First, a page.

"OK, Dad. Why Did You Kill Spanish In Our Family?"

Father Killed Spanish Family Essay

The following essay originally appeared on PRI's The World. Read the original story at their website.

My father killed Spanish years before I was born. Three years, in fact. 1978. The year my sister came into the world.

To the best of our knowledge, that's when Spanish in our family stopped. But I never knew why. 

My father is from Tegucigalpa, Honduras. He's a native Spanish speaker. No accent. It's this fluency that drives me crazy. He didn't pass down to us. As children, he only spoke to us in English.

We can roll our R's. 

But that's it. Everything else is filtered through a thick American accent. Today, our Spanish is... pathetic. We can barely say basic introductions. It's embarrassing. And I think it's a major loss. Dad could have given us a key to communicate fluently in two language. Instead, he installed a lock.

"I think he just, at that point in time, just didn't think that it was necessary or beneficial or interesting," says my sister, Kate.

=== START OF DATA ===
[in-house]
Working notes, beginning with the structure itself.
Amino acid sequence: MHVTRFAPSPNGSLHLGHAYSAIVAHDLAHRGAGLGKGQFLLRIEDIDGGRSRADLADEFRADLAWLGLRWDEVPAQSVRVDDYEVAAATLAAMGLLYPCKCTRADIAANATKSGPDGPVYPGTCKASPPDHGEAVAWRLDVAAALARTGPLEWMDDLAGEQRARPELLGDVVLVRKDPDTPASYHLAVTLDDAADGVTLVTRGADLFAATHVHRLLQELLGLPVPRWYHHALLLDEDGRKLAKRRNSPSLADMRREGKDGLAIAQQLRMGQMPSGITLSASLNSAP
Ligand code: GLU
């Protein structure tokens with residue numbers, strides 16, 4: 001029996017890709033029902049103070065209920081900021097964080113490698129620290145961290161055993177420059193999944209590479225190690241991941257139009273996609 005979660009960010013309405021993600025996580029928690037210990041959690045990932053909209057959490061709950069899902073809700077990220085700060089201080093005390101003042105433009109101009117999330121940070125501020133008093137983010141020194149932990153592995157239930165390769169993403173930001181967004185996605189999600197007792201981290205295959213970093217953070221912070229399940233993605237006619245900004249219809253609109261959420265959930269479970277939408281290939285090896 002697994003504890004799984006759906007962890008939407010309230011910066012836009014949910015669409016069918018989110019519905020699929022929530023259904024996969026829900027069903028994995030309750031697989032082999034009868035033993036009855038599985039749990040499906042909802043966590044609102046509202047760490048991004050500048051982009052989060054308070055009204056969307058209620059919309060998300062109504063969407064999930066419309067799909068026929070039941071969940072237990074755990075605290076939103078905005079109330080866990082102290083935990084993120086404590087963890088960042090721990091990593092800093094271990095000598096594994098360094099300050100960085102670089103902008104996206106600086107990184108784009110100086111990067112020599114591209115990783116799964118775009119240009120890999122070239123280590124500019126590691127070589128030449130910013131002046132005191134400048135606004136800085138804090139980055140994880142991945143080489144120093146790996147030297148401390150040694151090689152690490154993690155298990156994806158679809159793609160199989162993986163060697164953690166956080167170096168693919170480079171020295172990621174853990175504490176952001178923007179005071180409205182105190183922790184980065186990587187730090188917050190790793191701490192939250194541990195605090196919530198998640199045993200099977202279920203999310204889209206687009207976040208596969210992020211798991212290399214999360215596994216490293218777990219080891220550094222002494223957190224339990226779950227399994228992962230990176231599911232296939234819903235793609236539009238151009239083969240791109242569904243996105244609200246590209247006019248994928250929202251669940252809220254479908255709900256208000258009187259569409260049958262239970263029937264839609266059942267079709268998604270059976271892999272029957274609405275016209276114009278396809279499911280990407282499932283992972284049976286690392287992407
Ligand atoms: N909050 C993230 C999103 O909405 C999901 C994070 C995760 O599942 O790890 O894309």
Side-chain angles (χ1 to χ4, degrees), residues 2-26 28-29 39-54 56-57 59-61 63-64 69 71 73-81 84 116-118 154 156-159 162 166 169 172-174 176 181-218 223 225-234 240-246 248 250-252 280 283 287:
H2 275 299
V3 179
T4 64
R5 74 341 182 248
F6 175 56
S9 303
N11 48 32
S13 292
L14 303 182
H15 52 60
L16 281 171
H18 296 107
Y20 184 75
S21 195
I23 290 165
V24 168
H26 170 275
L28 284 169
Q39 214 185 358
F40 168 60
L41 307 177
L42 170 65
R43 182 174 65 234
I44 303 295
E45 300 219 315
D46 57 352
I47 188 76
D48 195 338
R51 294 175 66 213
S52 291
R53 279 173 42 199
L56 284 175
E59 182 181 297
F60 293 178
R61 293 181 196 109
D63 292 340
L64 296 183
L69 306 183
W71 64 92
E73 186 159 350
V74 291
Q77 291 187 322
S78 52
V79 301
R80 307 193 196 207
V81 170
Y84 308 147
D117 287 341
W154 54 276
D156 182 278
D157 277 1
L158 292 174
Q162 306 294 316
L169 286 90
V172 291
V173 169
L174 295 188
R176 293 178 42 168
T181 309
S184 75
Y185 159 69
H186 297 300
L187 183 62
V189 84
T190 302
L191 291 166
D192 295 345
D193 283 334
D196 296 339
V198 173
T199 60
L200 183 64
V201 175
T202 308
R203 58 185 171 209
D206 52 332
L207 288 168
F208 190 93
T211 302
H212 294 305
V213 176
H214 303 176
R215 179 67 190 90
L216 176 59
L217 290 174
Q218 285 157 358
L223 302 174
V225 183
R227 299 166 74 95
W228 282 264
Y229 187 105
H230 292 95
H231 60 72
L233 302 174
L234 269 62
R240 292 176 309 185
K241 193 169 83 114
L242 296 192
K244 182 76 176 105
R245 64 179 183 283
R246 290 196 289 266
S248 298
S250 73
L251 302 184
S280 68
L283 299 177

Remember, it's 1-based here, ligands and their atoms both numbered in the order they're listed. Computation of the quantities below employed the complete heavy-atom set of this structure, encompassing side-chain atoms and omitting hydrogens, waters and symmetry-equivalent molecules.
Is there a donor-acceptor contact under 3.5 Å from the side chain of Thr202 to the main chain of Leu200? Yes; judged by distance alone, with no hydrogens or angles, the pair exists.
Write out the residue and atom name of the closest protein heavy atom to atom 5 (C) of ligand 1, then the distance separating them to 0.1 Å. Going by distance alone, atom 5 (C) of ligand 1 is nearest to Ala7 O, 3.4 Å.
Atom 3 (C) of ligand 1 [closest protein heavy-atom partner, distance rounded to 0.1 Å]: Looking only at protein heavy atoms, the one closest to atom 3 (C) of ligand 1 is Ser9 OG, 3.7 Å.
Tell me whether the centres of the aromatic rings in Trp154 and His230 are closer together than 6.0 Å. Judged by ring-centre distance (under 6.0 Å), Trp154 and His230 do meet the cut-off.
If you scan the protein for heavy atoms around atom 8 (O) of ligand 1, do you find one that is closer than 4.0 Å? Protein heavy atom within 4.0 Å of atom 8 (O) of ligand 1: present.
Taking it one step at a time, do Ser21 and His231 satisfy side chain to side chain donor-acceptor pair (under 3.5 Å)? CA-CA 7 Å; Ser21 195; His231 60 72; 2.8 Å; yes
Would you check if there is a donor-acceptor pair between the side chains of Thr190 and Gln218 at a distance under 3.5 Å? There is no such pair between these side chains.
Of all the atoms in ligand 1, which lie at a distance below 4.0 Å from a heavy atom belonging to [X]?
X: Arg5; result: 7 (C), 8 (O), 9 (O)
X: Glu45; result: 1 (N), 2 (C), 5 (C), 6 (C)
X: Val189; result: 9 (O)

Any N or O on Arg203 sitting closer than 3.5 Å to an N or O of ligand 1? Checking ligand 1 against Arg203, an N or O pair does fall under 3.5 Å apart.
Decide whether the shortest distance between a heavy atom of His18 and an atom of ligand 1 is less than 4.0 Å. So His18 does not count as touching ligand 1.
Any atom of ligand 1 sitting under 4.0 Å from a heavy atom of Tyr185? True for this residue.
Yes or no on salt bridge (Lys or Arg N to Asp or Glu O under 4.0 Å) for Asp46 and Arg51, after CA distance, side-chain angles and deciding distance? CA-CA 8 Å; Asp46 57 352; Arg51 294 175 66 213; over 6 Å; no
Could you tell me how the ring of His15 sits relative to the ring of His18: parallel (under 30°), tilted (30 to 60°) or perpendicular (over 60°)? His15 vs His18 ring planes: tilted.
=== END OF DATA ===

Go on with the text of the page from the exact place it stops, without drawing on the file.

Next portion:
But I wanted to know for sure. What were his reasons? Why let his mother tongue die? It's a scenario that plays out in plenty of families. How did it play out in my own?

I traveled across the US to find the answer. And I didn’t waste time.


"All right Dad, why did you kill Spanish in our family?"

That was my very first question.

All right, let me actually back up for a second. Because it will help you understand where Spanish in my family began. And that's 1923, the year my Grandma — Hortensia — came into the world.

She’s now 92 year old, and plays a pretty mean tango. She's a ball of joy. Always has been. At her house she takes out a scrapbook and points to a picture. It’s of a woman, wearing a floral dress and carrying a classical guitar. There's a red rose in her hair. I ask, playfully, who it is:

“It’s me when I was much younger,” she says to me in Spanish. “And I was playing the guitar!”

Just like my dad, Grandma was born in Honduras. But her parents died young. She wound up in an orphanage. And yet, she only really remembers good times.

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